The Vedas are the ancient scriptures or revelation (Shruti) of the Hindu teachings. They manifest the Divine Word in human speech. They reflect into human language the language of the Gods, the Divine powers that have created us and which rule over us.
The Vedas ("knowledge") are a large body of texts originating in Ancient India. They form the oldest layer of Sanskrit literature and the oldest sacred texts of Hinduism.
According to Hindu tradition, the Vedas are apauruseya ("not of human agency"), are supposed to have been directly revealed, and thus are called shruti ("what is heard"). Vedic mantras are recited at Hindu prayers, religious functions and other auspicious occasions.
The Vedas are the primary texts of Hinduism. They also had a vast influence on Buddhism, Jainism, and Sikhism. The Vedas contain hymns, incantations, and rituals from ancient India. They are among the most ancient religious texts still in existence. Besides their spiritual value, they also give a unique view of everyday life in India four thousand years ago.
The Vedas were compiled around the time of Krishna (c. 3500 B.C.), and even at that time were hardly understood. Scholars have determined that the Rig Veda, the oldest of the four Vedas, was composed about 1500 B.C., and codified about 600 B.C. It is unknown when it was finally committed to writing, but this probably was at some point after 300 B.C.
There are four Vedas:
The Rig-Veda:- The Rig-Veda Samhita is the oldest significant existent Indian text. It is a collection of 1,028 Vedic Sanskrit hymns and 10,600 verses in all, organized into ten books (Sanskrit: mandalas). The hymns are dedicated to Rigvedic deities. The hymns are dedicated to thirty-three different gods; these gods were, quite expectedly, nature gods. The most often addressed gods are Indra (rain god; king of heavens), Agni (fire god) and Rudra (storm god; the 'howler'). A sizeable chunk of the verses are also dedicated to Soma (the draught of immortality), which was a cool alcoholic brew made from the leaves of the soma plant and was drunk during sacrifices.
The Sama-Veda:- The Sama-Veda is the "Veda of melodies" or "Knowledge of melodies". The Sama-Veda or the wisdom of chants is basically a collection of samans or chants, derived from the eighth and ninth books of the 'original Veda', the Rig-Veda. These were meant for the priests who officiated at the rituals of the soma ceremonies – in full sway there could have as many as seventeen full rituals.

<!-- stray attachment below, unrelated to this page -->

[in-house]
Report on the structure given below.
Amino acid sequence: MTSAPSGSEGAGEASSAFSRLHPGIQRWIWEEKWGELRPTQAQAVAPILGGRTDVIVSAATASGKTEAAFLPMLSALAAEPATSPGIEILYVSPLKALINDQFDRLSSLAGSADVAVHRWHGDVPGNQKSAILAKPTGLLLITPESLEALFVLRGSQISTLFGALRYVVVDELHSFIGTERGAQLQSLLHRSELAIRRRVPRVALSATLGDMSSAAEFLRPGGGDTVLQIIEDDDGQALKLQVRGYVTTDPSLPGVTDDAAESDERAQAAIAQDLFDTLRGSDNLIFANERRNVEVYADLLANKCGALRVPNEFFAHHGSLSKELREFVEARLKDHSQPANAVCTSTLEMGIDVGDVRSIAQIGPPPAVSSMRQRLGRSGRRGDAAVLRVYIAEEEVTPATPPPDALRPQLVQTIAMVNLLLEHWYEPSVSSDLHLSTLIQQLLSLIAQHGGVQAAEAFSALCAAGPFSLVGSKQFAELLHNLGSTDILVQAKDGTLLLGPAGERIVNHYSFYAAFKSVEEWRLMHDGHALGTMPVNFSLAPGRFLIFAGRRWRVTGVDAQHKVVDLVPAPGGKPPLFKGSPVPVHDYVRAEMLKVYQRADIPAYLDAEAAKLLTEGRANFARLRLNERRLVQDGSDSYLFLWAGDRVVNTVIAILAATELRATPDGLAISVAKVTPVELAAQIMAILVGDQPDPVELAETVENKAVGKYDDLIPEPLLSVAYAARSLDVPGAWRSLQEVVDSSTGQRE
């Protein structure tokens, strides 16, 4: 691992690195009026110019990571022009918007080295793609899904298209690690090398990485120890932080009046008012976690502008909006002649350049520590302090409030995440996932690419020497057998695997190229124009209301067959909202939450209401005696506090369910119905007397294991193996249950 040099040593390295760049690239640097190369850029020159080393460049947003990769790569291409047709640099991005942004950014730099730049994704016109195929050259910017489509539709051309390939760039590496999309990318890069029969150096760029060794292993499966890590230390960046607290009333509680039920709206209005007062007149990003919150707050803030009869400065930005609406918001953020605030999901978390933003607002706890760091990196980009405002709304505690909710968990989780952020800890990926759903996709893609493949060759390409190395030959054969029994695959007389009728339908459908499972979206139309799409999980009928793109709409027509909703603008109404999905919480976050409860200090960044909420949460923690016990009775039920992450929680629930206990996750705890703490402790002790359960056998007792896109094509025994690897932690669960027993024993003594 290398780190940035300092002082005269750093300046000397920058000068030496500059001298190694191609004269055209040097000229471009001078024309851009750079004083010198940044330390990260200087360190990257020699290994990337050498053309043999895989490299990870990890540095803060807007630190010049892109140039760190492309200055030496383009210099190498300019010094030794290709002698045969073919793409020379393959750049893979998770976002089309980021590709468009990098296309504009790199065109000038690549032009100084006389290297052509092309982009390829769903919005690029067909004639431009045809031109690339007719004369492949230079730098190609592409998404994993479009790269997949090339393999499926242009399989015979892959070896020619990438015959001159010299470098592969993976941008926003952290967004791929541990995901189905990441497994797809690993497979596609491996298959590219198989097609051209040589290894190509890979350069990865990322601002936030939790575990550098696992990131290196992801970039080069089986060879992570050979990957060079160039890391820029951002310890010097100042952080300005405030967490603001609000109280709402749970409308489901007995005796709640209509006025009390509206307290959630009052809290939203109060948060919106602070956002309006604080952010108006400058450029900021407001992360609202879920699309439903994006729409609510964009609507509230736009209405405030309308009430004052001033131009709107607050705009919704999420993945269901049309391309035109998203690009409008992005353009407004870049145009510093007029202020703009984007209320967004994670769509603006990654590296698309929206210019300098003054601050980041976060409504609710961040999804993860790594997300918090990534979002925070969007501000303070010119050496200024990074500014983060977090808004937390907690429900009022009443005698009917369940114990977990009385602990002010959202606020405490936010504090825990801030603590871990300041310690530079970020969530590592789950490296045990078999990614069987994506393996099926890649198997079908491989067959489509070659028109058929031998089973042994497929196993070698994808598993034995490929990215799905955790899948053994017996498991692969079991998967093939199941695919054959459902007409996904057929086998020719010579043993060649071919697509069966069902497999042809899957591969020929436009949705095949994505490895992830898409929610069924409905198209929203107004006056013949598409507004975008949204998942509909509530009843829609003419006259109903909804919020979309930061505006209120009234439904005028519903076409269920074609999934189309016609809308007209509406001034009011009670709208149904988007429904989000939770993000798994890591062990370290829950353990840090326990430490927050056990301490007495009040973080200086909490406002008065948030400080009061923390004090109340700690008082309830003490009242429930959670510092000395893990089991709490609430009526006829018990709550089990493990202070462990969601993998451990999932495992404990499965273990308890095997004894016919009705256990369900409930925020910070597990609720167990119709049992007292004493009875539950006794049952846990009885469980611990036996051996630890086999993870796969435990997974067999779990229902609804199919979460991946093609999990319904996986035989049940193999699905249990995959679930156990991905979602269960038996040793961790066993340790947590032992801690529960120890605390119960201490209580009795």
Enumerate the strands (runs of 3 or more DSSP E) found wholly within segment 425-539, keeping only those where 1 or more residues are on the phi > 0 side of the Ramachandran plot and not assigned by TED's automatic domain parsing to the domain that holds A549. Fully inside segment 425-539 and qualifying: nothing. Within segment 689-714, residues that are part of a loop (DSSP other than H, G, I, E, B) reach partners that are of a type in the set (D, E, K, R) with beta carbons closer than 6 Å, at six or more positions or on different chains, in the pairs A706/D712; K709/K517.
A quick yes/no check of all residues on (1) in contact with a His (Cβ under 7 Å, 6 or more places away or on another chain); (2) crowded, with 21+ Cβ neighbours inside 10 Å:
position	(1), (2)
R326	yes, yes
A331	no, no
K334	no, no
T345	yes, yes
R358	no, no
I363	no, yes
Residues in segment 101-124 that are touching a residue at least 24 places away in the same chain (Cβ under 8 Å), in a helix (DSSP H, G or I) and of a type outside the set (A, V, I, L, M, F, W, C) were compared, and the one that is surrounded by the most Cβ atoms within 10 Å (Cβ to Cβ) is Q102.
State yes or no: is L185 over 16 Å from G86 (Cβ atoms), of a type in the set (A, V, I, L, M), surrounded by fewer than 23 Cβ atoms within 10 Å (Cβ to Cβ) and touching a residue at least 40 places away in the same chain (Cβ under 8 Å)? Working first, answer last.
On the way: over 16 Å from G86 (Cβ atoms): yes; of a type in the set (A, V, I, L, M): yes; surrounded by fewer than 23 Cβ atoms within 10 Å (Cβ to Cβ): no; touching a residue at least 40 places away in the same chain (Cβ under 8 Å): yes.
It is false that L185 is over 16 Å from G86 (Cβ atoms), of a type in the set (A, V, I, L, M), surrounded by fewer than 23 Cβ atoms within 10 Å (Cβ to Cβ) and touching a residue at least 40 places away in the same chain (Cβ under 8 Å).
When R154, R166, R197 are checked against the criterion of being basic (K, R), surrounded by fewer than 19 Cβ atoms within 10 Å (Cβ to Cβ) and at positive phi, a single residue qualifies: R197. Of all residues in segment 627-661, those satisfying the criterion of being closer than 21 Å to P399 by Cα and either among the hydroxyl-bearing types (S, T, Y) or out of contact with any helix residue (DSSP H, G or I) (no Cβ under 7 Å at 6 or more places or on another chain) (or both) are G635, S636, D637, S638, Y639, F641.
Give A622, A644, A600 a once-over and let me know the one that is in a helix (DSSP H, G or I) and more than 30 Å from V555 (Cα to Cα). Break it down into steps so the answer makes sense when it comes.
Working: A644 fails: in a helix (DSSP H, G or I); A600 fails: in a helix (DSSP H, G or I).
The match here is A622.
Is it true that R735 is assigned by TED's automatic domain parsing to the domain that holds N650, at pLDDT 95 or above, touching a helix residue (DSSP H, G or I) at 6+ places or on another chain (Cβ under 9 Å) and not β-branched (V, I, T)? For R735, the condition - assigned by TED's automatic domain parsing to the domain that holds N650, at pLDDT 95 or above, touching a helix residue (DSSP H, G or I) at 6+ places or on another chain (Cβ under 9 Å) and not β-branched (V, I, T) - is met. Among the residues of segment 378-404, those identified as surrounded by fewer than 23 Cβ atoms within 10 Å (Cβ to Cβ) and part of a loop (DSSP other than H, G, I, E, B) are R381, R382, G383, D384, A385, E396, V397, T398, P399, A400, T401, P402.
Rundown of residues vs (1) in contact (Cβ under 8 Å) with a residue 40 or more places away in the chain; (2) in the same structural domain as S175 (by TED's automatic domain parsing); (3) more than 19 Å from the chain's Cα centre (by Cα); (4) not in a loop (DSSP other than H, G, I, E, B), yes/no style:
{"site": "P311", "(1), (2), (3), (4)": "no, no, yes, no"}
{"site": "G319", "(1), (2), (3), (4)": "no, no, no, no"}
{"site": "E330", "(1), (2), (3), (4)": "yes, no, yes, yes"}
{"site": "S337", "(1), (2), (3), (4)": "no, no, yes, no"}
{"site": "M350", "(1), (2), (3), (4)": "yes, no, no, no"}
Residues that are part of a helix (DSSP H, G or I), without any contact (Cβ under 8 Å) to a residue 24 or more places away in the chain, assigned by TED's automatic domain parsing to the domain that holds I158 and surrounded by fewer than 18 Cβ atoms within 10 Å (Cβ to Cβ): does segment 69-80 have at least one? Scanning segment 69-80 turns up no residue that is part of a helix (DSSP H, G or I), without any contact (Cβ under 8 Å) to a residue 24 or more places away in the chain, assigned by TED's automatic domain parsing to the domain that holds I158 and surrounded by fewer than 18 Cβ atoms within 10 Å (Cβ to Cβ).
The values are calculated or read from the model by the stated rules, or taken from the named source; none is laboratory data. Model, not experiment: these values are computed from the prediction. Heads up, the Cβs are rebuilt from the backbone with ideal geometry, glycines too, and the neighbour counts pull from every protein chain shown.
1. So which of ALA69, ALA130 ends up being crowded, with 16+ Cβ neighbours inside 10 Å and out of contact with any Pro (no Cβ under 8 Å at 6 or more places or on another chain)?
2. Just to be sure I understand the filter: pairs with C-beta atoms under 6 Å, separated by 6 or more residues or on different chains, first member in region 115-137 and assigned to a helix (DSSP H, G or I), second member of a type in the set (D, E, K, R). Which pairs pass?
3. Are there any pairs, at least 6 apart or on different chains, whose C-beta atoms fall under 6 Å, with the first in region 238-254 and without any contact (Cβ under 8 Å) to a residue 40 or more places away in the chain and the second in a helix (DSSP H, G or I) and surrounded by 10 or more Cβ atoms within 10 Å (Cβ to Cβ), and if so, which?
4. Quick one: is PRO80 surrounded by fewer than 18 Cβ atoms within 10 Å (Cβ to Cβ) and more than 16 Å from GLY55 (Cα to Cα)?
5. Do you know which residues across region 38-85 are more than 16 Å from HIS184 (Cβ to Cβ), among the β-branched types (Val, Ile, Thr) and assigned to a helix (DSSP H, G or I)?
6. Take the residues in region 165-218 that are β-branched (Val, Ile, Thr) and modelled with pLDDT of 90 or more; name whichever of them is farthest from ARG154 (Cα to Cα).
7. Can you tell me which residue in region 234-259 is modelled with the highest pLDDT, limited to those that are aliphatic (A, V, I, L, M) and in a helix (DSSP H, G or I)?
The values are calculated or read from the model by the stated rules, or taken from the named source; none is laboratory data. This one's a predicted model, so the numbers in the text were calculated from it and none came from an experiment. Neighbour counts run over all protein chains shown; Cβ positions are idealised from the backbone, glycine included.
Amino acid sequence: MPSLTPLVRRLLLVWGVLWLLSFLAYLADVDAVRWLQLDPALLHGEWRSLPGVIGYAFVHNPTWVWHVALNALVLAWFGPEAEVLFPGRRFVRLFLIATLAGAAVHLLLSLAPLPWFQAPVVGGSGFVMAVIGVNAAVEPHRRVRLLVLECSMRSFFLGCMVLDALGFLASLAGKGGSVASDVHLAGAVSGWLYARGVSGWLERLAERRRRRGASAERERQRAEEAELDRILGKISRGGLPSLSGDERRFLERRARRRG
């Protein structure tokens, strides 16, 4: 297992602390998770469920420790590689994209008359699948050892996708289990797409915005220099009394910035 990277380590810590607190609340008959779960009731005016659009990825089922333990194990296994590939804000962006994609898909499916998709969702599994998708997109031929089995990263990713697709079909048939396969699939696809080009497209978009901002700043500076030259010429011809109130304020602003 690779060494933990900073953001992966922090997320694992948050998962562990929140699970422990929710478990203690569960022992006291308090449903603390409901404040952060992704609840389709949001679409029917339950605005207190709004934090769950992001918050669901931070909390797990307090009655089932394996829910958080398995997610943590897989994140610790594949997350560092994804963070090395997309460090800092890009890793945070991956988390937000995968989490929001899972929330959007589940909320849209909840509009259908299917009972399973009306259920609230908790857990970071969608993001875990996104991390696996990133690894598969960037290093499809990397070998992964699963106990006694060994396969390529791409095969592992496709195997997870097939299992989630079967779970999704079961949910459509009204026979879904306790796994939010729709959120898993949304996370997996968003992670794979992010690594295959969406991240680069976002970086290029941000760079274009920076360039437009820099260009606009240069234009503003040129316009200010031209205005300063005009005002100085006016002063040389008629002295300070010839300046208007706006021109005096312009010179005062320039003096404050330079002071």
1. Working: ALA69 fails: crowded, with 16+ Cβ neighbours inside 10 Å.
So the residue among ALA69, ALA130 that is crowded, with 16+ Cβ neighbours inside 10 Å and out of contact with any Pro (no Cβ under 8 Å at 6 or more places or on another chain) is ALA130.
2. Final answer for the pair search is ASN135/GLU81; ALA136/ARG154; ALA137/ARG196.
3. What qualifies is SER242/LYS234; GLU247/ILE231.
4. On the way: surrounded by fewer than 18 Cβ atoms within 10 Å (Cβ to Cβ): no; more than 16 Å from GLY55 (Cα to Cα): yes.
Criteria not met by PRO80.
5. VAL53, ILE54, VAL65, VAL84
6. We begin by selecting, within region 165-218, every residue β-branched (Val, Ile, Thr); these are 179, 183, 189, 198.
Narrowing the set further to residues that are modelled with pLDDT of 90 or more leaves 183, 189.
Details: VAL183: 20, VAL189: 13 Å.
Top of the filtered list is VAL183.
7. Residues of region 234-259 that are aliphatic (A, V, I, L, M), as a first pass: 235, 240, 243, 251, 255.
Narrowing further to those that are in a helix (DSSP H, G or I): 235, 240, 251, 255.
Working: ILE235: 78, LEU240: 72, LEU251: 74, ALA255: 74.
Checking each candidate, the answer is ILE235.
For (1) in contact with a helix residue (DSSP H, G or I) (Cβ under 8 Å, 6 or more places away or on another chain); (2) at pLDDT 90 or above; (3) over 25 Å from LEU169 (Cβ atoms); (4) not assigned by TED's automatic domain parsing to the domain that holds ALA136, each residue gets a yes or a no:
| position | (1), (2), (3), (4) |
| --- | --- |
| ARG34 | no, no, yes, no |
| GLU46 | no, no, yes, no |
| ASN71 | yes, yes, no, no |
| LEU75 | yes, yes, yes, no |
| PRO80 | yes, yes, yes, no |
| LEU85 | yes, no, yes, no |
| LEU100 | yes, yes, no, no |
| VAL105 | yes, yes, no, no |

It is not surprising that the Sama-Veda is better known for the precise meter of its poetry than for its literary content. There are also painstaking instructions in Sama-Veda about how particular hymns must be sung; this is perhaps because great emphasis was put upon sounds of the words of the mantras and the effect they could have on the environment and the person who pronounced them.
The Yajur-Veda:- The Yajur-Veda or the wisdom of sacrifices lays down various sacred invocations (yajurs) which were chanted by a particular sect of priests called adhvaryu. They performed the sacrificial rites. This is very much a ritual based Veda for although there are a few hymns to various Gods the main stress is on the theory of the ritual. The Veda also outlines various chants which should be sung to pray and pay respects to the various instruments which are involved in the sacrifice.
The Atharva-Veda:- The Atharva-Veda Saṃhita has 760 hymns, and about 160 of the hymns are in common with the Rig-Veda. The Atharva-Veda (the wisdom of the Atharvans) is called so because the families of the atharvan sect of the Brahmins have traditionally been credited with the composition of the Vedas. It is a compilation of hymns but lacks the awesome grandeur which makes the Rig-Veda such a breathtaking spiritual experience. It is roughly equivalent to the western magic spells and has incantations for everything – from success in love to the realization of otherworldly ambitions.